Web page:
Hamlet: Submissive Women In The Elizabethan Era

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#1 Hamlet portrays how society would perceive a submissive woman in the Elizabethan era. This shows the deception, naivety and sly behaviour women were thought to have. “I have heard of your paintings too, well enough. God hath given you one face, and you make yourself another; you jig, you amble, and you lisp and nickname god’s creatures, make your wantonness your ignorance” (III.i. 143-137) This quote reflects the argument because it is evident that men in the Elizabethan era had a patriarchal attitude which caused them to treat women with no respect. Hamlet was able to insult Ophelia with such harsh language without expecting any consequences for his foul behaviour. Women were seen as sexual tools or a voiceless body, never a…show more content…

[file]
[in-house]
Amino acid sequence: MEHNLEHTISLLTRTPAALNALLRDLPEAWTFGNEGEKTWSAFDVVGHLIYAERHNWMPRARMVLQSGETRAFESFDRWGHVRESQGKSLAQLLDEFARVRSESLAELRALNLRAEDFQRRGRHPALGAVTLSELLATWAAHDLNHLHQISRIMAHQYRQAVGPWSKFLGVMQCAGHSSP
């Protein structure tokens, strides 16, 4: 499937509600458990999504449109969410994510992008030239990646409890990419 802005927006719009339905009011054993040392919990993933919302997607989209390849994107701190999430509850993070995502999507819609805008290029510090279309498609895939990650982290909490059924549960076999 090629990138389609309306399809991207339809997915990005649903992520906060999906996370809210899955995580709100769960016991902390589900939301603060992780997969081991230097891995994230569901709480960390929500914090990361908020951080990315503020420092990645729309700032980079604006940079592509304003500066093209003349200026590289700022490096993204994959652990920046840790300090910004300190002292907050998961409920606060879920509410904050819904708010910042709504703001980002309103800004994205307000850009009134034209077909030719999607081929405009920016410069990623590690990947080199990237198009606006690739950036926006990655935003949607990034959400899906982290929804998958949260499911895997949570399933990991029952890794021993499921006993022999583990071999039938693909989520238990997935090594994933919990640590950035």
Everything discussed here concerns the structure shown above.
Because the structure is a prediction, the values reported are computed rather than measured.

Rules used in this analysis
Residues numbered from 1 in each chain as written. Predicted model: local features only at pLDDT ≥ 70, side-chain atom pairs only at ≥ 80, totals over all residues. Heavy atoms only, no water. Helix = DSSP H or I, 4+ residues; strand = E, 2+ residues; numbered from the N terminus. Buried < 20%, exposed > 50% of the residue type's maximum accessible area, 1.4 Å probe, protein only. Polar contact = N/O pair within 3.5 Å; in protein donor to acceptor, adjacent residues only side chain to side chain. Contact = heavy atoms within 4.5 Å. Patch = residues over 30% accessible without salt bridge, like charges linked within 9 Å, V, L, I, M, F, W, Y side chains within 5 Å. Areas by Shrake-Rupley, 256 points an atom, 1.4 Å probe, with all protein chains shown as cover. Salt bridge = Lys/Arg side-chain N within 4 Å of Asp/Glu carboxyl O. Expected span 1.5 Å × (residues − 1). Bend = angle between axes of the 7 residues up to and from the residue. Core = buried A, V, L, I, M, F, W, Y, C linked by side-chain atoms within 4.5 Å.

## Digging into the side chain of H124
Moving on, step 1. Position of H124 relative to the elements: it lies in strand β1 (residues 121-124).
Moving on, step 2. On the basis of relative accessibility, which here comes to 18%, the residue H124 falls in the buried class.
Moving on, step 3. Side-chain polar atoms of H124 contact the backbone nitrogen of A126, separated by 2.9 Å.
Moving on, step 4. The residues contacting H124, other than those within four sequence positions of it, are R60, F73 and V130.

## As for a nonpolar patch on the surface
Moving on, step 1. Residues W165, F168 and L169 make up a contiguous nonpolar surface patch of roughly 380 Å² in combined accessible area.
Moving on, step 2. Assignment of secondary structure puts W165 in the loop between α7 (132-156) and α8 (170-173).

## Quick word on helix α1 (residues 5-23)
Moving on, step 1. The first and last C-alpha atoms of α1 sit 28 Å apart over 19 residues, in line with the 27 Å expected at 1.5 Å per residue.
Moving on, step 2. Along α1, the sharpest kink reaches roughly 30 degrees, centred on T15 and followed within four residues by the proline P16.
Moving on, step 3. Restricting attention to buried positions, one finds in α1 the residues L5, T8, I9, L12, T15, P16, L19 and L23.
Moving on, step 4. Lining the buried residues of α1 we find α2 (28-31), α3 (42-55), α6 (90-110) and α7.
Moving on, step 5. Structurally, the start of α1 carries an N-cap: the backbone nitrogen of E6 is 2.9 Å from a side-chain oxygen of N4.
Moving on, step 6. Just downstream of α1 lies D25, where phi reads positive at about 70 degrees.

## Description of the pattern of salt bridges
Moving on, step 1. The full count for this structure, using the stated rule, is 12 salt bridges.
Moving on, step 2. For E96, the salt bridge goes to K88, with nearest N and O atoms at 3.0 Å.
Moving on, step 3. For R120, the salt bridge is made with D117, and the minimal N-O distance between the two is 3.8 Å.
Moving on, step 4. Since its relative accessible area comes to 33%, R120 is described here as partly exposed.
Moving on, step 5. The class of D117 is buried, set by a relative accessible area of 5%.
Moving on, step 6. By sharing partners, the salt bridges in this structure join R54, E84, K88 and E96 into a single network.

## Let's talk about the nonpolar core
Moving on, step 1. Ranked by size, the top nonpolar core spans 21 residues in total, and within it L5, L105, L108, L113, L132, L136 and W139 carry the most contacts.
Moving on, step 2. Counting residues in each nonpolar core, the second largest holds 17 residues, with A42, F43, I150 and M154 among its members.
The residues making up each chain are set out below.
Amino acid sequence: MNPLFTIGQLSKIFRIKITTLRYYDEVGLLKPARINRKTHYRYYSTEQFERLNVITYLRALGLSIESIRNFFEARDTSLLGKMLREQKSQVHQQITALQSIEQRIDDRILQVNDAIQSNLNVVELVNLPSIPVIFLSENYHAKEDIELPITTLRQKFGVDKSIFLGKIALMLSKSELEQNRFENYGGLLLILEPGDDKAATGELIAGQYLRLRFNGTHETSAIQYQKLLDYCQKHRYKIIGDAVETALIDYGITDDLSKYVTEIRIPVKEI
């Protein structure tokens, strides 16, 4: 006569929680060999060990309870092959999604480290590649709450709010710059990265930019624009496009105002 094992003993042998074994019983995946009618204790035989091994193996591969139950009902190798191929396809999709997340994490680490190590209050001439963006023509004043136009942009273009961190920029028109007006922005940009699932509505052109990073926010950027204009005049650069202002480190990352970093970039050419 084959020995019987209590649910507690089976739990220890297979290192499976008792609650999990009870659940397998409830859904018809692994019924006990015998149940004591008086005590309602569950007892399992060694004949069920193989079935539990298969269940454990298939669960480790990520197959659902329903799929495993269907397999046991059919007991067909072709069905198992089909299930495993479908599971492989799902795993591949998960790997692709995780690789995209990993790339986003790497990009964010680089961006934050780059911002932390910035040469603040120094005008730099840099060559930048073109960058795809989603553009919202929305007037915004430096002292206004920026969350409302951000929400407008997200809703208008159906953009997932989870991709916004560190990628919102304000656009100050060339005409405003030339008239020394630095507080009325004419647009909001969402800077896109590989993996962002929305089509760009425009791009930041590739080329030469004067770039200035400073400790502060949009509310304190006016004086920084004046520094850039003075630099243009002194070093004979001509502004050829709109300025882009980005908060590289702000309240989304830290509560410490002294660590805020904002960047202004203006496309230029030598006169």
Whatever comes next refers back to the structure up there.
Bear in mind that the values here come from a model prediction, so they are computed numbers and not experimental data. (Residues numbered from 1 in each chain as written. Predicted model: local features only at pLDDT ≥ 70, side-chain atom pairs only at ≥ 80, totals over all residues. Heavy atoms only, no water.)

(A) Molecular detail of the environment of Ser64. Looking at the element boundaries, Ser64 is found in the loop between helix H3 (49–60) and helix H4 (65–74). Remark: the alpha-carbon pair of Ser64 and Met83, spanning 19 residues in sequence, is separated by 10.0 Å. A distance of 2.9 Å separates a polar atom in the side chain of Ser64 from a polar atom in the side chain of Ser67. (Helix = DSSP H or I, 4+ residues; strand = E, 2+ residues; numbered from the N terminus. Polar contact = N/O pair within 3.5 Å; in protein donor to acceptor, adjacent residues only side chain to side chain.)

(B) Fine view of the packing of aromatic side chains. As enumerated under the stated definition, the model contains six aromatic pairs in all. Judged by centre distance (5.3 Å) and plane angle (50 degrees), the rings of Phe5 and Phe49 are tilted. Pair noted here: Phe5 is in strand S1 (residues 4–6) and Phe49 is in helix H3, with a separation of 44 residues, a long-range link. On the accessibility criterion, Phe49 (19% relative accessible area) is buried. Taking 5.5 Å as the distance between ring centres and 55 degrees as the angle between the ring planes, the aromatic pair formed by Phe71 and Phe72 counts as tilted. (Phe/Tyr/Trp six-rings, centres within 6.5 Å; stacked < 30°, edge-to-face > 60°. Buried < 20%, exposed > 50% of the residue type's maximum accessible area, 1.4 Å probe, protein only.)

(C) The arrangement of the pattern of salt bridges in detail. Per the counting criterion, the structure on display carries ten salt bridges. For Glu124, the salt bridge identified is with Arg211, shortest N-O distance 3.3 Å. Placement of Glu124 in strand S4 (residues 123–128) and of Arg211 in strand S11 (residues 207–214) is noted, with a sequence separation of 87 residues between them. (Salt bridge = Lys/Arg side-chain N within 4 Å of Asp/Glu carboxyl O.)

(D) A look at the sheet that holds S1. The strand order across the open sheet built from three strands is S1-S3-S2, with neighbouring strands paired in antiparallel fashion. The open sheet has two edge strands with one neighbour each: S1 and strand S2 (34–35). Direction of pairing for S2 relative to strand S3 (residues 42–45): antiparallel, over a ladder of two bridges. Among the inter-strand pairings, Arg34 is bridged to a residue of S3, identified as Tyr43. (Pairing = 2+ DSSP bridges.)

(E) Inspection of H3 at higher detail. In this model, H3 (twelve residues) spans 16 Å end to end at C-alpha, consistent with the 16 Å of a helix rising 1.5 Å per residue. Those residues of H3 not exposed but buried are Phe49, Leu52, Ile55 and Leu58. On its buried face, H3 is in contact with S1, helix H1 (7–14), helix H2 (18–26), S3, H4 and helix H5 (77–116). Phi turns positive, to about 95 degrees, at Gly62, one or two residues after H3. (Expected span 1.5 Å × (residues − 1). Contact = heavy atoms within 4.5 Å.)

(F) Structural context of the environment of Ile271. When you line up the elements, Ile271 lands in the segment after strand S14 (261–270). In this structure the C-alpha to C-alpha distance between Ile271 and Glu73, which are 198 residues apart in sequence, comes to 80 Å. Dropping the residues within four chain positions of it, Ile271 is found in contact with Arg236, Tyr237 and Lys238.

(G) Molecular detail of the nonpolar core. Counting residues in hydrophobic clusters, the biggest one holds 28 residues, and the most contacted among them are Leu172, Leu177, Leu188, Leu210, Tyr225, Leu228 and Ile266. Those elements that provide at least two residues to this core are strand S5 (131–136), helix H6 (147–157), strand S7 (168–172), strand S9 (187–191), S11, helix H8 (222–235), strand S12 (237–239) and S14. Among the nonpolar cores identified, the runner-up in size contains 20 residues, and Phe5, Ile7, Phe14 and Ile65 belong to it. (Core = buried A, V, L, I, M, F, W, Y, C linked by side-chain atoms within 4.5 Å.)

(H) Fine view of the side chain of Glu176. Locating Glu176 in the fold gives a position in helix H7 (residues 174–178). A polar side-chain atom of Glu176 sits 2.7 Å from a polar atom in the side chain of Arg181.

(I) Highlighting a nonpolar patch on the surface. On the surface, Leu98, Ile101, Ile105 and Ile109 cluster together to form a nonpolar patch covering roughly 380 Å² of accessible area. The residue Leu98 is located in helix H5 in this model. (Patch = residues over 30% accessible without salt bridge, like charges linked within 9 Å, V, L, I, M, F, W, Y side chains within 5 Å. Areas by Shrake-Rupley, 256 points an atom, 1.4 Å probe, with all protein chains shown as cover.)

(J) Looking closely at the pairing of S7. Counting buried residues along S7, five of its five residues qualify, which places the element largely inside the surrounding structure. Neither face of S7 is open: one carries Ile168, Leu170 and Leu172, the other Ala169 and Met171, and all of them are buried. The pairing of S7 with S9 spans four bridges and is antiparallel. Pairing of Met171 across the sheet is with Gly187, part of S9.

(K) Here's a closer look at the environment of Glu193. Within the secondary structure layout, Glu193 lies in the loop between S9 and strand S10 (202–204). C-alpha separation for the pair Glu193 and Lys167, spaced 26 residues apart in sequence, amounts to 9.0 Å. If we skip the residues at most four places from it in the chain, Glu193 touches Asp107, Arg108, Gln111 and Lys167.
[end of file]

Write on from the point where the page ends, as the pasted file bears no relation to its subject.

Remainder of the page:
This quote occurs before Laertes leaves for a higher education. He advises Ophelia on how a woman should act and how men can act with woman. He set standards between the sexes making it okay for men to act irresponsibly. Ophelia does not try to withstand her brother. Instead she agrees with Laertes and gives up her voice. This picture adequately illustrates Ophelia's situation with Laertes. The visual itself is a collection of beautiful patterns and intricate designs, however, when you glance at the woman (Ophelia) you can see that she is trapped in a confined space. The majority of the picture is blue however the small area Ophelia is standing in consists of various colours which can symbolize what she believes to be true. In Elizabethan society, women did not trust themselves to make logical decisions, thus, it seemed necessary for the male to take charge and dominate. When Ophelia says "you yourself shall keep the key" Ophelia is granting permission to Laertes to take control decisions. In another instance, Ophelia says "I shall obey you my lord" putting the male in a higher position. The message of this scene is to never subsidize your individuality for another and trust your own

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